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The Fight to Vote

By Michael Waldman
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The Fight to Vote by Michael Waldman

The Fight to Vote (2016) is about the struggle for democracy in the United States, from the American Revolutionary War right up to the present day. These blinks detail the battle that has been waged over generations to guarantee the right to vote, and explain how this right continues to be undermined.

Key idea 1 of 9

Although American democracy was born with the signing of the Constitution, voting rights were initially reserved for a select few.

The American Revolutionary War was fought to wrest power from the British, who then governed the Thirteen Colonies along the east coast of North America. Before this historic conflict in the 1770s, the 3 million colonists living in what would become the United States had limited democratic rights, and only men who owned a certain amount of property could vote.

But the debate over voting rights was not entirely clear-cut. In fact, leading up to the drafting of the United States Constitution in 1787, there were two opposing sides in the debate over suffrage, one represented by Benjamin Franklin and the other by John Adams. Both men were influential figures in the struggle for independence and were Founding Fathers of the United States.

Franklin’s position was to extend the right to vote to all free men, regardless of race. He had previously fought for and won this change while drafting the Pennsylvania Constitution in 1776. Meanwhile, John Adams, Franklin’s archrival, was heavily opposed to widening voting rights.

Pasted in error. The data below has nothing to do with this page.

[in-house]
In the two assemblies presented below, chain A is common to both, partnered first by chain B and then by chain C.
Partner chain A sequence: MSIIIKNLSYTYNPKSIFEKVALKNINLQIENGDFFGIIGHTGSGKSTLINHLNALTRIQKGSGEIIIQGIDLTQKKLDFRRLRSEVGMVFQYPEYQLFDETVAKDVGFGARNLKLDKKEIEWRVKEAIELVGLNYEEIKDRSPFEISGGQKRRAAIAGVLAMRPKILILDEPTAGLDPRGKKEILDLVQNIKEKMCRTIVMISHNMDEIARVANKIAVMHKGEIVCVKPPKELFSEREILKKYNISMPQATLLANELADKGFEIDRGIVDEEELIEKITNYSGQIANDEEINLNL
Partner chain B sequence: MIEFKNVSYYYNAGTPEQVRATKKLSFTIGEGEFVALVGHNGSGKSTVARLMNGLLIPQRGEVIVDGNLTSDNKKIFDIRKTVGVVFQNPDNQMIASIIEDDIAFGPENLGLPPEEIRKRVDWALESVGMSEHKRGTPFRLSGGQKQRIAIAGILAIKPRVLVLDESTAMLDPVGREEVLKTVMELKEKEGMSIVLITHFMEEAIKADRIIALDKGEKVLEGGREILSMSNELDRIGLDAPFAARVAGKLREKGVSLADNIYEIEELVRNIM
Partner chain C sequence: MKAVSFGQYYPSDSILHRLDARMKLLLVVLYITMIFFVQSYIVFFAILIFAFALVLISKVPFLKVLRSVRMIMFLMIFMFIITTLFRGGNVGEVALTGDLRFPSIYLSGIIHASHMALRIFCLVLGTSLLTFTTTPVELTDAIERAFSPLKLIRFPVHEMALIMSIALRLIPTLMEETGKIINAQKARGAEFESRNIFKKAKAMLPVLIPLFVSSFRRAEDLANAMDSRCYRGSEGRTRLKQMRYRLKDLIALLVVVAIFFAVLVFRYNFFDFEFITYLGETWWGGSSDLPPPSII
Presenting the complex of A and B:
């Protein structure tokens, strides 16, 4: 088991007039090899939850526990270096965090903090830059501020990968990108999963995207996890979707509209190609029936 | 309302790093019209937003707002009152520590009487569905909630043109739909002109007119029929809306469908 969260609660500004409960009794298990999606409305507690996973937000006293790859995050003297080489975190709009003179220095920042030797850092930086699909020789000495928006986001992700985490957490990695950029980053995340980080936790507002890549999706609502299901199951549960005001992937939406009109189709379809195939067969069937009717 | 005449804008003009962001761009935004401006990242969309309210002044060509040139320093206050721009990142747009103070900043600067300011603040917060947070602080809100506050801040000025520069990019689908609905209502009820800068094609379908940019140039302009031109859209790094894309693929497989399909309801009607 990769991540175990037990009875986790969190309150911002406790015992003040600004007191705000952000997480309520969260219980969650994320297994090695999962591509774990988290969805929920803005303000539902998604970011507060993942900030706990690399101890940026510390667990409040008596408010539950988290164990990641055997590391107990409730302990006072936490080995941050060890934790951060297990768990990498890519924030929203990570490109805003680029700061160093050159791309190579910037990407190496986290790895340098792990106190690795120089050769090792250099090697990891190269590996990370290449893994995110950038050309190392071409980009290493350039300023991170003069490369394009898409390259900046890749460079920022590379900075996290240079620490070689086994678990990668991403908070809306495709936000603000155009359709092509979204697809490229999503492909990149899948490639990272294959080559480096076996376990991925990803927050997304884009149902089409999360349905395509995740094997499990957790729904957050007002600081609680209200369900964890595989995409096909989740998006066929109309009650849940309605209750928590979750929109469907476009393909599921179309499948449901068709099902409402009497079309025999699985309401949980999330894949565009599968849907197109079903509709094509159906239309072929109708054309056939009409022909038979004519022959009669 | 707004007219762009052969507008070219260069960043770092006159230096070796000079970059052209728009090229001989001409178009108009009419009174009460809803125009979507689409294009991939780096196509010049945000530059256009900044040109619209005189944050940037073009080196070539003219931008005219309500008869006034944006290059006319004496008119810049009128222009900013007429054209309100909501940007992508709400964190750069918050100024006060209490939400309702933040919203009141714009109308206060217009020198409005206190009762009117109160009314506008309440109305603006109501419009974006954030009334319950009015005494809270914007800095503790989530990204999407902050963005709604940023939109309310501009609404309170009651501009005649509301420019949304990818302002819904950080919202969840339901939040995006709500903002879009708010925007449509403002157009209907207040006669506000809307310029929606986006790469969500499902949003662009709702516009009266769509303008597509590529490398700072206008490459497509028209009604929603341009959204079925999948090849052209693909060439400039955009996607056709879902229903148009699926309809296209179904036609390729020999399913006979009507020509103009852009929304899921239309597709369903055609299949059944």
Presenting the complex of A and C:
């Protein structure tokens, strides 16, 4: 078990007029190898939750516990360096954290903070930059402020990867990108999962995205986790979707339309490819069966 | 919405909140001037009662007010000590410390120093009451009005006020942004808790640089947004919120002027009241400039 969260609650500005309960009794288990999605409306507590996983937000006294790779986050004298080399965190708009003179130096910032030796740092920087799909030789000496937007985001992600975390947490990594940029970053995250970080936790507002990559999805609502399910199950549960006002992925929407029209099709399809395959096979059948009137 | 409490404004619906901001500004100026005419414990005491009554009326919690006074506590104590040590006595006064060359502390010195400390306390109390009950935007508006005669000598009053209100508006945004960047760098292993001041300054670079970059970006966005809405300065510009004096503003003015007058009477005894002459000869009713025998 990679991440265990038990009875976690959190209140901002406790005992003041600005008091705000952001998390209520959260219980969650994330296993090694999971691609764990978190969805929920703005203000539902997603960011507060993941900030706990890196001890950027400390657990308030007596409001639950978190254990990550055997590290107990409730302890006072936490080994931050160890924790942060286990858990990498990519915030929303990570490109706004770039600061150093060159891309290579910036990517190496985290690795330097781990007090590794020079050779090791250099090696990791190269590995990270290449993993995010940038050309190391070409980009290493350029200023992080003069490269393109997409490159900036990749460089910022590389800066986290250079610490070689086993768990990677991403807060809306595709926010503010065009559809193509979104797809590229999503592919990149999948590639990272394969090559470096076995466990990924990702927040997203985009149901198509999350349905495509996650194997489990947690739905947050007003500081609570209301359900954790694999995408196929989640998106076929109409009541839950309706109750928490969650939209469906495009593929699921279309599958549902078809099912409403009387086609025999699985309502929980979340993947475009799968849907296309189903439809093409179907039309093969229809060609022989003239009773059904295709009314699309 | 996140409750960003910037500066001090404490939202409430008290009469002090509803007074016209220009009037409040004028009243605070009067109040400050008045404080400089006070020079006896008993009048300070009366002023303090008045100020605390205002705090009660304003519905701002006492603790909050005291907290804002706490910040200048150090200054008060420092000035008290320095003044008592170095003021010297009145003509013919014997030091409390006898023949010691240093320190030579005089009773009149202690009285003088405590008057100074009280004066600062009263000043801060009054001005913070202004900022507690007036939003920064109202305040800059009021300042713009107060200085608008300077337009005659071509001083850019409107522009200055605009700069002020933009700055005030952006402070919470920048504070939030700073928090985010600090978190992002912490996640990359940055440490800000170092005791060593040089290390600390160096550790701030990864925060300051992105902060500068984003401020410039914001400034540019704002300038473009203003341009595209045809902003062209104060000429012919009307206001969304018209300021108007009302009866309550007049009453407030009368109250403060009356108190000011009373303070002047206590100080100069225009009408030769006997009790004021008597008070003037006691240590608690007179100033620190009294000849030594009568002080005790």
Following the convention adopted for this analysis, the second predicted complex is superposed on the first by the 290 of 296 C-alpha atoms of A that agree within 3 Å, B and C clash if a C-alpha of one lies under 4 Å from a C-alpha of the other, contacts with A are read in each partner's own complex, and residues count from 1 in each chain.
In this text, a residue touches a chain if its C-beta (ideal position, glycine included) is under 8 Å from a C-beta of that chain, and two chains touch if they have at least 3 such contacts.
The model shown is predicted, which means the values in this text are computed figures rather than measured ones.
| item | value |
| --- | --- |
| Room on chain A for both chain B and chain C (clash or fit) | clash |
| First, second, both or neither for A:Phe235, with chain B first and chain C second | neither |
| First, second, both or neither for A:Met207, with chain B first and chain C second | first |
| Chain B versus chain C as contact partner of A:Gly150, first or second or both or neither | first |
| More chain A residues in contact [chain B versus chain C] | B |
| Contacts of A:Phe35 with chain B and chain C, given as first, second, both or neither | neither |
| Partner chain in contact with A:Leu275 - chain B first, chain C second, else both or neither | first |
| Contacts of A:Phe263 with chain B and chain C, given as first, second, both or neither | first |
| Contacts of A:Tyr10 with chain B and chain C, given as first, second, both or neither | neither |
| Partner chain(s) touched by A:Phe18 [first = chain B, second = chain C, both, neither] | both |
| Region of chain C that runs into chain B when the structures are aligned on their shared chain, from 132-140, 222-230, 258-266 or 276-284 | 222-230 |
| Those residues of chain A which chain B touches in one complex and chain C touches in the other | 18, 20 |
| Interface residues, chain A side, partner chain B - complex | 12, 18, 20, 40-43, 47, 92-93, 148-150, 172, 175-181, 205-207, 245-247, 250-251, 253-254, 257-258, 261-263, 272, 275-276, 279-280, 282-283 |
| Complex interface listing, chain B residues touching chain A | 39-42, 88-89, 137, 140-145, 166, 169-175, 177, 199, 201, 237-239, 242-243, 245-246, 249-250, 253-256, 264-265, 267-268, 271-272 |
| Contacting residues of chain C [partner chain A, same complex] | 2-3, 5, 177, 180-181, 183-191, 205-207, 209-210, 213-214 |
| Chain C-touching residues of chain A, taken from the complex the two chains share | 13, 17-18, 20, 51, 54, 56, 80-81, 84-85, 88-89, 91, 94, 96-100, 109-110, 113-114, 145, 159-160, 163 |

Adams even famously said on the subject of enfranchisement that, if the property requirement was removed for men, there would be “no end to it,” and that, eventually, women and the working poor would demand the right to vote as well.

As you can imagine, these two perspectives were in stark opposition and supporters of each debated each other at great length while the constitution was being written. Eventually, they reached a compromise: the issue of suffrage wouldn’t be referred to at all in the constitution.

Instead, this controversial point would be left open for individual states to handle. As a result, the right to vote was mostly reserved for property-owning or tax-paying white males for almost a century. The constitution nevertheless did allow the federal government to intervene if states abused the powers afforded to them.

However, while only white men of some means could vote, even they were only allowed to elect members to the House of Representatives. They couldn’t cast their vote for presidents, who were appointed by the Electoral College, nor for senators, who were elected by state governments.

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